Completed in 1889, Hartford Union Station acts as downtown’s western boundary; in the 1980s, it underwent a phased rehabilitation and now houses transportation and commercial uses.
One Union Place Hartford, CT 06103
- Annual Station Revenue (2015)
- Annual Station Ridership (2015)
|Facility Ownership||Greater Hartford Transit District|
|Parking Lot Ownership||Greater Hartford Transit District|
|ATM||Accessible Payphones||Accessible Platform|
|Accessible Restrooms||Accessible Ticket Office||Accessible Waiting Room|
|Accessible Water Fountain||Dedicated Parking||Elevator|
|Elevator Accessible||Enclosed Waiting Area||Help With Luggage|
|Long Term Parking Spaces||Parking Attendant||Pay Phones|
|Quik Trak Kiosk||Restrooms||Short Term Parking Spaces|
|Ticket Office||Wheelchair||Wheelchair Lift|
- Northeast Regional
For information about Amtrak fares and schedules, please call 1-800-USA-RAIL (1-800-872-7245).
Local Community Links:
- City of Hartford
- Amtrak Northeast Corridor
- Greater Hartford Transit District
- Connecticut Transit buses
- CT fastrak Bus Rapid Transit
- New Haven-Hartford-Springfield Rail Program
Completed in 1889, Hartford Union Station acts as downtown’s western boundary and is the visual transition point between the central business district and the residential neighborhood of Asylum Hill. A stop on the Springfield Line, Hartford is well connected to the spine of the busy Northeast Corridor that runs between Washington, D.C., and Boston. Amtrak trains and intercity and regional buses do not occupy space in the historic station, which was renovated in the mid-1980s to accommodate retail and office use. Instead, they operate out of an addition that was constructed immediately west of the building underneath the viaduct that carries the tracks through downtown.
Approached from Spruce Street, it contains ticketing desks for various transportation providers, spots for convenience retail, and a common waiting area. To access the tracks, rail passengers must ascend one level. A mural entitled “Movement in Space” by Cleve Gray—an artist known for large-scale, colorful abstract paintings—is installed along the western edge of the viaduct. At more than 600 feet long, it features bright shapes in primary colors against a white background.
Hartford is also a projected stop on the route of the proposed New Haven-Hartford-Springfield (NHHS) Rail Project, a partnership between the State of Connecticut, Amtrak and the Federal Railroad Administration, as well as the states of Massachusetts and Vermont. At an estimated total cost of approximately $650 million, this multi-year effort is aimed at creating new commuter and enhanced intercity passenger rail services benefiting the cities along Amtrak’s Springfield Line. This 62 mile corridor is also considered essential to future plans for high-speed rail service in greater New England.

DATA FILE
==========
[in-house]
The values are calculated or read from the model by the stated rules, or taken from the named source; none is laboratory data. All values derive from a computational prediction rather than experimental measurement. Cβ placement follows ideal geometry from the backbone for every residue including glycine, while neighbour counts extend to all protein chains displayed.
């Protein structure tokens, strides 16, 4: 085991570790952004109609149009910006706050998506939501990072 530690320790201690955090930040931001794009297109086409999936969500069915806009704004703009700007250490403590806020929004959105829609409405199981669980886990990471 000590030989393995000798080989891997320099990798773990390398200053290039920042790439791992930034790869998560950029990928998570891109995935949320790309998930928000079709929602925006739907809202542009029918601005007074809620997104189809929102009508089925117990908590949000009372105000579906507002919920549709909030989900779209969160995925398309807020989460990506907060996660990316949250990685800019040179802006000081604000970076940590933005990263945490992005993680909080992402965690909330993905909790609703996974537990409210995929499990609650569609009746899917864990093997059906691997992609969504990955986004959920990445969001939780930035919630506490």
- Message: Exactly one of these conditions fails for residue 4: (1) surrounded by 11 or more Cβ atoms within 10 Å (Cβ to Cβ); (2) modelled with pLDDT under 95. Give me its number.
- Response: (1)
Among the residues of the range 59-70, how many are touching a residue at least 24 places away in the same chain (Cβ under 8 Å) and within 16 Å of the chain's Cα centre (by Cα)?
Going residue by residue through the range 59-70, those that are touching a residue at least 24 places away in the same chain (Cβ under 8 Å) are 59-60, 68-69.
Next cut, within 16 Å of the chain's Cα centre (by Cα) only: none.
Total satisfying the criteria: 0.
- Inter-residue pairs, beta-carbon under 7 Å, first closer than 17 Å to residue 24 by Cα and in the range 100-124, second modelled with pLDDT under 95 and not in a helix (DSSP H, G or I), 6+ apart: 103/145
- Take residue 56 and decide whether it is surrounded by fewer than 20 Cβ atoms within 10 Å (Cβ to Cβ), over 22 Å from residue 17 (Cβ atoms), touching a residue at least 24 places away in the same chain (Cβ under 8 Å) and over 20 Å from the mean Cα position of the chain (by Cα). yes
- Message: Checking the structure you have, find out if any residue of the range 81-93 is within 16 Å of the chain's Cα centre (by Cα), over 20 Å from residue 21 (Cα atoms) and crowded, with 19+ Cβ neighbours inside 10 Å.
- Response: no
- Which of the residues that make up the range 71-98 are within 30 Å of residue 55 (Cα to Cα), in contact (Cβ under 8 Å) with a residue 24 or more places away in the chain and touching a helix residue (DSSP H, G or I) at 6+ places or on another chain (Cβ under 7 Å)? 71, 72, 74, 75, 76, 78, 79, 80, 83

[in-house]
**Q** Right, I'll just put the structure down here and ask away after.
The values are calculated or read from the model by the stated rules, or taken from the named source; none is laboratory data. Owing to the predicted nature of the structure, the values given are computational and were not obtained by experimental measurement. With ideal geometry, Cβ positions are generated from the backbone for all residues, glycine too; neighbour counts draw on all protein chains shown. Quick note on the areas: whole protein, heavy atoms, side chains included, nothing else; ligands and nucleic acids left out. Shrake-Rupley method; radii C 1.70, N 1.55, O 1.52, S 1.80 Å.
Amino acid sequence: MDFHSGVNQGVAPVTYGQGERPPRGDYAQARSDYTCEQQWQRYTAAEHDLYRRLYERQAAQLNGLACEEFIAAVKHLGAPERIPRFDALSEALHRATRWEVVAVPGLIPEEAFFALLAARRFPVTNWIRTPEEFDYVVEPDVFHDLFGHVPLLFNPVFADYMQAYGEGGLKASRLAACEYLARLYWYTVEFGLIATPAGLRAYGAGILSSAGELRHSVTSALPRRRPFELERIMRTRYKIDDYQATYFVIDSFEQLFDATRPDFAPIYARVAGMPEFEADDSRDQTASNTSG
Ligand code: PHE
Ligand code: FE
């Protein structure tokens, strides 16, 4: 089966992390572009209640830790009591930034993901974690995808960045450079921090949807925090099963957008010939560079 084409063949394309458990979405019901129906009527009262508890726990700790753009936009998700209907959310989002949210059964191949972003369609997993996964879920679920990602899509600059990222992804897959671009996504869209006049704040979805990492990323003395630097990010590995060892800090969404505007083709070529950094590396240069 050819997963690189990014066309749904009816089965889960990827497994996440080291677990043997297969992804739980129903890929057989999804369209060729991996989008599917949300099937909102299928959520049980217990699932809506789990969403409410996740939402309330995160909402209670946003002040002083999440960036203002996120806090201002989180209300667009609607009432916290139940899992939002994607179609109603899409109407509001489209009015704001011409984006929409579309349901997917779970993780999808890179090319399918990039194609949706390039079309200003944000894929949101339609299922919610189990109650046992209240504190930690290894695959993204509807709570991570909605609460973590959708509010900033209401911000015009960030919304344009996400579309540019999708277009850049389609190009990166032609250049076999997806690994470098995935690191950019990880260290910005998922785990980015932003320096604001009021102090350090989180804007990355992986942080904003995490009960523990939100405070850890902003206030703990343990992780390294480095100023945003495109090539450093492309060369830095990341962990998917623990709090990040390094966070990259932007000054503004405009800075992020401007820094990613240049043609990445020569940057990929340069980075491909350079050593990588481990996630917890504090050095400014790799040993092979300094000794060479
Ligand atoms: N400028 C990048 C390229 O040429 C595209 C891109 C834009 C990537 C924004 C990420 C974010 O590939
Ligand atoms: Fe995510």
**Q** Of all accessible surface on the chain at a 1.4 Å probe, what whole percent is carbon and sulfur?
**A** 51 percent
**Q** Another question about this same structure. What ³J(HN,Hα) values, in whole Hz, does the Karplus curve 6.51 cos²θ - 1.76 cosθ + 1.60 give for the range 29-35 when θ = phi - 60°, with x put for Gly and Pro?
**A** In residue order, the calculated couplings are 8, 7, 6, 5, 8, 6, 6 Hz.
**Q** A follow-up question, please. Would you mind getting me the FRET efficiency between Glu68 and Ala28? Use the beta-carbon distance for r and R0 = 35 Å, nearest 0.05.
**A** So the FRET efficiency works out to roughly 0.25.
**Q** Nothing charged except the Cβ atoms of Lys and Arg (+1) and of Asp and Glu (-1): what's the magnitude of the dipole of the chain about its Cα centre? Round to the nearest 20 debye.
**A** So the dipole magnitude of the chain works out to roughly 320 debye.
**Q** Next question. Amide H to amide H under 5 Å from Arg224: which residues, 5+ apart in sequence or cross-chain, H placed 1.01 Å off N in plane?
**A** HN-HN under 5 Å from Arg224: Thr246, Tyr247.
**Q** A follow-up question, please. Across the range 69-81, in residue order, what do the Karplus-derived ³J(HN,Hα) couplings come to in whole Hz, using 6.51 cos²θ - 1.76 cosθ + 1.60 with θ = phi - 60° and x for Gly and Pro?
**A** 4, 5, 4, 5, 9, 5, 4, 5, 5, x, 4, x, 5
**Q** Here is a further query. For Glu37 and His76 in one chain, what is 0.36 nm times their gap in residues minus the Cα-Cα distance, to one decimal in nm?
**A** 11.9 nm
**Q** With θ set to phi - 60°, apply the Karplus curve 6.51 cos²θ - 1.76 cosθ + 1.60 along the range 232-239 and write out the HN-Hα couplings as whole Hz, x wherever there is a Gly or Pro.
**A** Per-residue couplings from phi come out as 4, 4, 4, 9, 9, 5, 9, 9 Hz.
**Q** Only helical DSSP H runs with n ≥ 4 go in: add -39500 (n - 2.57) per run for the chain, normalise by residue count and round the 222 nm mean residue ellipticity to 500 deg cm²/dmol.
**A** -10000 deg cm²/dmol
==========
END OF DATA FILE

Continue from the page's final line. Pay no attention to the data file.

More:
As of early 2016, the NHHS Project had received almost $191 million through the American Recovery and Reinvestment Act of 2009 and other federal funding programs in order to double-track and upgrade portions of the route. Additional funding will be required to complete the remainder of the improvements. Connecticut has approved the use of up to $435 million in state bond proceeds to invest in NHHS Rail Corridor improvements. An assessment of the project’s environmental impacts was released in May 2012, and the commuter service is expected to launch in early 2018.
In the first decade of the 21st century, the city began to consider ways to revitalize the western portion of downtown. One of the plans called for the construction of CT fastrak, a bus rapid transit route between New Britain and Hartford. Largely built on abandoned railroad rights-of-way, it opened in March 2015 and uses Union Station as its northern terminus. By completing the NHHS and CT fastrak, city planners believe that the area around the station—with Ann Street as the focal point—will be ripe for redevelopment as a mixed-use neighborhood.
Although today the capital of Connecticut, Hartford was under the jurisdiction of neighboring Massachusetts through its earliest years. The first Europeans to explore the shores of the Connecticut River were Dutch sailors and traders led by navigator Adriaen Block, who worked to map much of the New England coast. In 1614, he and Cornelius Hendricksen sailed from New Amsterdam (present day New York), and made their way up the Connecticut to the present site of Hartford. It was another decade before the Dutch established a post—Fort “Goede Hoop” or “Good Hope”—to foster trade with the Pequot American Indians. The Dutch were not alone for long, as English settlers from the Massachusetts Bay Colony arrived in 1635.